Vincent ‘Fatz’ Caruso, leader with his mother of a faded North Shore fentanyl empire, gets more than 20 years in prison

North Shore fentanyl empire “Fatz” controlled with machine gun power and its mother is no more – mother-son kingpins will trade tacky jewelry and Gucci hoodies for prison jumpsuits .

“This family business has been permanently closed,” Joshua Levy, Massachusetts’ first assistant U.S. attorney, said in a statement.

“Caruso and his associates orchestrated numerous shootings and armed robberies using an arsenal of firearms – including machine guns – and then took to social media to brag about their incredibly destructive criminal conduct,” he said. continued Levy. “Caruso, along with his mother and co-conspirator Laurie Caruso, breathed poison and violence into our communities and you won’t hear about it on Instagram for a long time.

Vincent “Fatz” Caruso, 27, and his mother Laurie Caruso, 52, paved the streets north of Boston with hundreds of thousands of fake prescription pills that actually contained fentanyl – a drug 50 times more potent than heroin, according to the CDC — which the Lynn family pressed at home in their own high-volume pill presses.

Both were arrested and charged by complaint on June 30, 2021, alongside associates Ernest “Yo Pesci” Johnson and Nicole Benton – who each pleaded guilty to their own roles and are due for sentencing in September – in connection with an investigation into an increase in shootings in communities north of Boston in 2020.

“Fatz” on March 15 pleaded guilty to significant charges for his role in drug trafficking: one count of conspiracy to manufacture, distribute and possess with intent to distribute 400 grams or more of fentanyl, cocaine, marijuana and other controlled substances; a count of conspiracy to possess firearms in pursuit of a drug trafficking felony; conspiracy to obstruct trade by theft; and one count of conspiracy to commit money laundering.

He was sentenced Thursday by U.S. District Court Judge Denise J. Casper in federal court in Boston to 250 months in prison, or more than 20½ years.

Laurie Caruso – who pleaded guilty on February 28 to one count of conspiracy to manufacture, distribute and possess with intent to distribute fentanyl and other controlled substances – was sentenced by the court judge on Wednesday U.S. District Attorney Nathaniel Gorton to nine years in prison and four years in prison. supervised release.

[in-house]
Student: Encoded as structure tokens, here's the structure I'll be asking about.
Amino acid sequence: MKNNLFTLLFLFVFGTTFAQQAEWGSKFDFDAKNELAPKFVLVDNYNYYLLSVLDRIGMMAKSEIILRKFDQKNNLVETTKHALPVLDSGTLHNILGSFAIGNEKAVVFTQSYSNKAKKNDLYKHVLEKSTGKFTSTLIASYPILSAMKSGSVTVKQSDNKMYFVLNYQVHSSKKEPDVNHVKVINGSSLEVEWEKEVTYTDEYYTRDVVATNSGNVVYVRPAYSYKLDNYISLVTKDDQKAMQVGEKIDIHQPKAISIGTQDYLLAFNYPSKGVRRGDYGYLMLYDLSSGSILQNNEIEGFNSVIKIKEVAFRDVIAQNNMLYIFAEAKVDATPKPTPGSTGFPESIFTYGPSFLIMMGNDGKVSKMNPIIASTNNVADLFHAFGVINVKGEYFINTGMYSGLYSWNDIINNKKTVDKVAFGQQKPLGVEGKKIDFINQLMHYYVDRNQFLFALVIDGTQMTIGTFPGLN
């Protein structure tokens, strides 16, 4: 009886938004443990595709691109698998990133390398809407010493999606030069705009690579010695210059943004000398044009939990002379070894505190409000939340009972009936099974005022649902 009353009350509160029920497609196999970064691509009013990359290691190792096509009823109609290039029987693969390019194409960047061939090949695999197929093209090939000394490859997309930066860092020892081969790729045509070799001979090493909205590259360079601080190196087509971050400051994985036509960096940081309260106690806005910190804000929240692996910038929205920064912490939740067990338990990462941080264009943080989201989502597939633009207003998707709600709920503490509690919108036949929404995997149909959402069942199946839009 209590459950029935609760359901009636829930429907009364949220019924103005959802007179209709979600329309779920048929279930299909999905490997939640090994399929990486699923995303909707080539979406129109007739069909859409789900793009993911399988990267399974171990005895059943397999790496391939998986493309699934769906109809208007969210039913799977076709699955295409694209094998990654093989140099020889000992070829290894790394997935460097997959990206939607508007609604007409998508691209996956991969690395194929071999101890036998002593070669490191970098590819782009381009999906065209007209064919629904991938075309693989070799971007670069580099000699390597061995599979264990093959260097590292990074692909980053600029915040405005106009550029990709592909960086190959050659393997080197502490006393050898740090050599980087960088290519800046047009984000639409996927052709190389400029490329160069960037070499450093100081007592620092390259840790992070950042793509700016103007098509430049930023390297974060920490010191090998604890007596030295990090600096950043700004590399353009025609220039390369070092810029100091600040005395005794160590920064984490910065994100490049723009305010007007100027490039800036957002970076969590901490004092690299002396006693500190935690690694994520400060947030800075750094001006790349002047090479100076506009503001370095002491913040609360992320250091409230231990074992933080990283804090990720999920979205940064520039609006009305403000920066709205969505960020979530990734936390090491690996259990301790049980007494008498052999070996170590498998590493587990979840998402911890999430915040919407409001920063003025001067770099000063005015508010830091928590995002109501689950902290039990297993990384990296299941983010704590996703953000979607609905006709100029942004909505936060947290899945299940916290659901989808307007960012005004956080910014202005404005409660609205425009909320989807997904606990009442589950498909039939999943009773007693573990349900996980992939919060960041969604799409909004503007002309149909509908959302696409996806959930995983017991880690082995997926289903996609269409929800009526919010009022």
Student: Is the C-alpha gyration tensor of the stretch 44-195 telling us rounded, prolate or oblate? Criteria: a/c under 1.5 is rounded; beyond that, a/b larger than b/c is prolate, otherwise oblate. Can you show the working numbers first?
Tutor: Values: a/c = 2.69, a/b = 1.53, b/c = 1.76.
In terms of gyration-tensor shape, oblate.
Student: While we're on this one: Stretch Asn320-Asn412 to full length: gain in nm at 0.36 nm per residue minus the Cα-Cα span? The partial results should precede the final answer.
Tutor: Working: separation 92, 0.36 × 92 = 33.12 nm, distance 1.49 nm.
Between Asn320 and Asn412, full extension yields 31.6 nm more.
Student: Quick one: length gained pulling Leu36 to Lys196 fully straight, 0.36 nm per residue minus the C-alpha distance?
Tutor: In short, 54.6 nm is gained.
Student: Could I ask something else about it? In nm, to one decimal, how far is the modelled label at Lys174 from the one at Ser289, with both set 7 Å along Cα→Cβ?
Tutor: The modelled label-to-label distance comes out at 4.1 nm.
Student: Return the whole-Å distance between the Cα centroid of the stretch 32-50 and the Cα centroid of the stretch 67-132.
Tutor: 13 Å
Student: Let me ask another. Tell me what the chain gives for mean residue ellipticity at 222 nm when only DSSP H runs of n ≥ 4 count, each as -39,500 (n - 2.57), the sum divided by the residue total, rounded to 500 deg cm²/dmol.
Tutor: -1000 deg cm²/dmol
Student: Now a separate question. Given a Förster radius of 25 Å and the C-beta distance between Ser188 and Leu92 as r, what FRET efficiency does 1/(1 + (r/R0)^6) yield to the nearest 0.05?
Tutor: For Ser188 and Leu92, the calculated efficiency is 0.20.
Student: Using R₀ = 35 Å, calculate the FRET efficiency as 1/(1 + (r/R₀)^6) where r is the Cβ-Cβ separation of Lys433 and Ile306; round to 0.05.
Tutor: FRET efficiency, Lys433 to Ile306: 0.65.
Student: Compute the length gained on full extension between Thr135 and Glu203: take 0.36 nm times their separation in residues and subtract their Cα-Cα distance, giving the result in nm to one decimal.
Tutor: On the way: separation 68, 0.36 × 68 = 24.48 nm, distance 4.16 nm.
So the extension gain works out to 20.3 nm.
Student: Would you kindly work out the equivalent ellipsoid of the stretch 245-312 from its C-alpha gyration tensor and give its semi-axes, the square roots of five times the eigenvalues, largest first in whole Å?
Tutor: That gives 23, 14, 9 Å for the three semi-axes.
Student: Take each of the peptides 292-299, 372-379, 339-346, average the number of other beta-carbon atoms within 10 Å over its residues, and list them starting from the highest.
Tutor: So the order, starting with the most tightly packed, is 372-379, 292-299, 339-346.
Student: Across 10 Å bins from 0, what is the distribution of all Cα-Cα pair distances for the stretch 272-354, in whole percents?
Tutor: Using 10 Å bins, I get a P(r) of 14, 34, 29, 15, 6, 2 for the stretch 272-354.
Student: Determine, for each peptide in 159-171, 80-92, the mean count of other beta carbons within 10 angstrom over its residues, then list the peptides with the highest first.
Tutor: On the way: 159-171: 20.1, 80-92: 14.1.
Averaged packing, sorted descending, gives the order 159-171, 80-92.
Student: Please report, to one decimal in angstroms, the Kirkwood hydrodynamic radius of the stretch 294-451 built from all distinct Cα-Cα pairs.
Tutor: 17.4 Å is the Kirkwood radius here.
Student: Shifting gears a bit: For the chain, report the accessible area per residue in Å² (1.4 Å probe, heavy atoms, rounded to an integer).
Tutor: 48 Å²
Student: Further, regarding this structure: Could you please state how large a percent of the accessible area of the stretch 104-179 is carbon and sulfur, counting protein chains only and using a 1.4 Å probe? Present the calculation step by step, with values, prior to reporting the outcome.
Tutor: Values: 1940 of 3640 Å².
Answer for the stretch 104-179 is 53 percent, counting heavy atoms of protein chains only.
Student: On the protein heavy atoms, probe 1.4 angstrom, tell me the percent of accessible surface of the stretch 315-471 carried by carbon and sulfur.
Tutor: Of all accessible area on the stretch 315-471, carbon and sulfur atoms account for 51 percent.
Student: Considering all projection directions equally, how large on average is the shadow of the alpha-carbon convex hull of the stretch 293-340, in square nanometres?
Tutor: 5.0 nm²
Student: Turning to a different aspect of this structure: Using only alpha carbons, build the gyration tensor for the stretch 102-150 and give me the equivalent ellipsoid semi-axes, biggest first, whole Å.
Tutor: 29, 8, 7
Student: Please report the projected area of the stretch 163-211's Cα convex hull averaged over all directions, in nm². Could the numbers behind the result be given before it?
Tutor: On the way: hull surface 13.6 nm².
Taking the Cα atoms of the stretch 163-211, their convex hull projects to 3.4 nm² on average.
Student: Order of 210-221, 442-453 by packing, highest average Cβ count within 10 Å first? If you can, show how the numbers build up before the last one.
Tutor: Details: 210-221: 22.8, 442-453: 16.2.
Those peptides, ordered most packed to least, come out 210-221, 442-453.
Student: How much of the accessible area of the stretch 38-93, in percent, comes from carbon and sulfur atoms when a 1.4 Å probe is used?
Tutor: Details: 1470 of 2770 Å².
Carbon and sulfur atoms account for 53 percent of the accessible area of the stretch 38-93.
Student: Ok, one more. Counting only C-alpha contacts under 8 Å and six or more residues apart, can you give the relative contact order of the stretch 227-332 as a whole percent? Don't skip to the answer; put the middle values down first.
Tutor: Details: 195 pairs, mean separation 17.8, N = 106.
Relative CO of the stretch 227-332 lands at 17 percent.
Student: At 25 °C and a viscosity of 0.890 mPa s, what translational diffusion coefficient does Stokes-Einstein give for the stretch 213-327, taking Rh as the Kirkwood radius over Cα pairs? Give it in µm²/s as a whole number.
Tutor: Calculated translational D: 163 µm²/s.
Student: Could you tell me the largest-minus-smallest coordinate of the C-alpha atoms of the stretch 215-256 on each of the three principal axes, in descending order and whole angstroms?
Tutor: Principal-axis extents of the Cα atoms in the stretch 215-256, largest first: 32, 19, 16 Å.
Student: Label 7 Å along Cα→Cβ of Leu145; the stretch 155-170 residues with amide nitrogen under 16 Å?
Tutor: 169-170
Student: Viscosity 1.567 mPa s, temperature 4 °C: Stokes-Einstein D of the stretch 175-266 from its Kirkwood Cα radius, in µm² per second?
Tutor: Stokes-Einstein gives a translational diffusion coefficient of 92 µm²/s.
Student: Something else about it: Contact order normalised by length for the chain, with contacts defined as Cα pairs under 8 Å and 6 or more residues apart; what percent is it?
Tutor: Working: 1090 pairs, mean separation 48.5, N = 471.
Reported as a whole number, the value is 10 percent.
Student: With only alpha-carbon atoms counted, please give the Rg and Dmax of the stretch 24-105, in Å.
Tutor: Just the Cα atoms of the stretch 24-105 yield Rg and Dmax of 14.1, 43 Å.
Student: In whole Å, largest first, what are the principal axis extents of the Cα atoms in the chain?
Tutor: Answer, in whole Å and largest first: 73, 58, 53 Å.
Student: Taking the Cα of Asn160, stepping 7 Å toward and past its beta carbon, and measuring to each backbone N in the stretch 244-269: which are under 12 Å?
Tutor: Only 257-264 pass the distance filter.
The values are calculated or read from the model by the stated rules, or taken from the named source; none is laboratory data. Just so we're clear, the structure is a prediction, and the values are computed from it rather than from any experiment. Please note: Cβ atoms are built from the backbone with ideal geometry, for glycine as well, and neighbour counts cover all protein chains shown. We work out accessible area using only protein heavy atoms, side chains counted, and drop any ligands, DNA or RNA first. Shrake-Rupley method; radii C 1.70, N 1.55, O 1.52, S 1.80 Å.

At least “Fatz” hasn’t been shy about showing his money. He posted much of his purchases on his Instagram account — as Levy alluded to in his statement — including the sparkling “FATZ” locket hanging from a heavy gold (or gold-plated) chain around a neck that spots a “Menace II Society” tattoo that shows about as much artistry as he’ll likely find behind federal bars.

  • Vincent “Fatz” Caruso, 27, a convicted fentanyl dealer, will be sentenced this week in federal court. The U.S. Attorney’s Office released several photos in pre-sentence documents from social media and warrant searches. (Court documents from the U.S. Attorney’s Office.)

  • vincent

    Vincent “Fatz” Caruso, 27, a convicted fentanyl dealer, will be sentenced this week in federal court. The U.S. Attorney’s Office released several photos in pre-sentence documents from social media and warrant searches. (Court documents from the U.S. Attorney’s Office.)

  • vincent

    Vincent “Fatz” Caruso, 27, a convicted fentanyl dealer, will be sentenced this week in federal court. The U.S. Attorney’s Office released several photos in pre-sentence documents from social media and warrant searches. (Court documents from the U.S. Attorney’s Office.)

  • vincent

    Vincent “Fatz” Caruso, 27, a convicted fentanyl dealer, will be sentenced this week in federal court. The U.S. Attorney’s Office released several photos in pre-sentence documents from social media and warrant searches. Guess he couldn’t finish his Krave snack. (Court documents from the U.S. Attorney’s Office.)

  • vincent

    Vincent “Fatz” Caruso, 27, a convicted fentanyl dealer, will be sentenced this week in federal court. The U.S. Attorney’s Office released several photos in pre-sentence documents from social media and warrant searches. (Court documents from the U.S. Attorney’s Office.)

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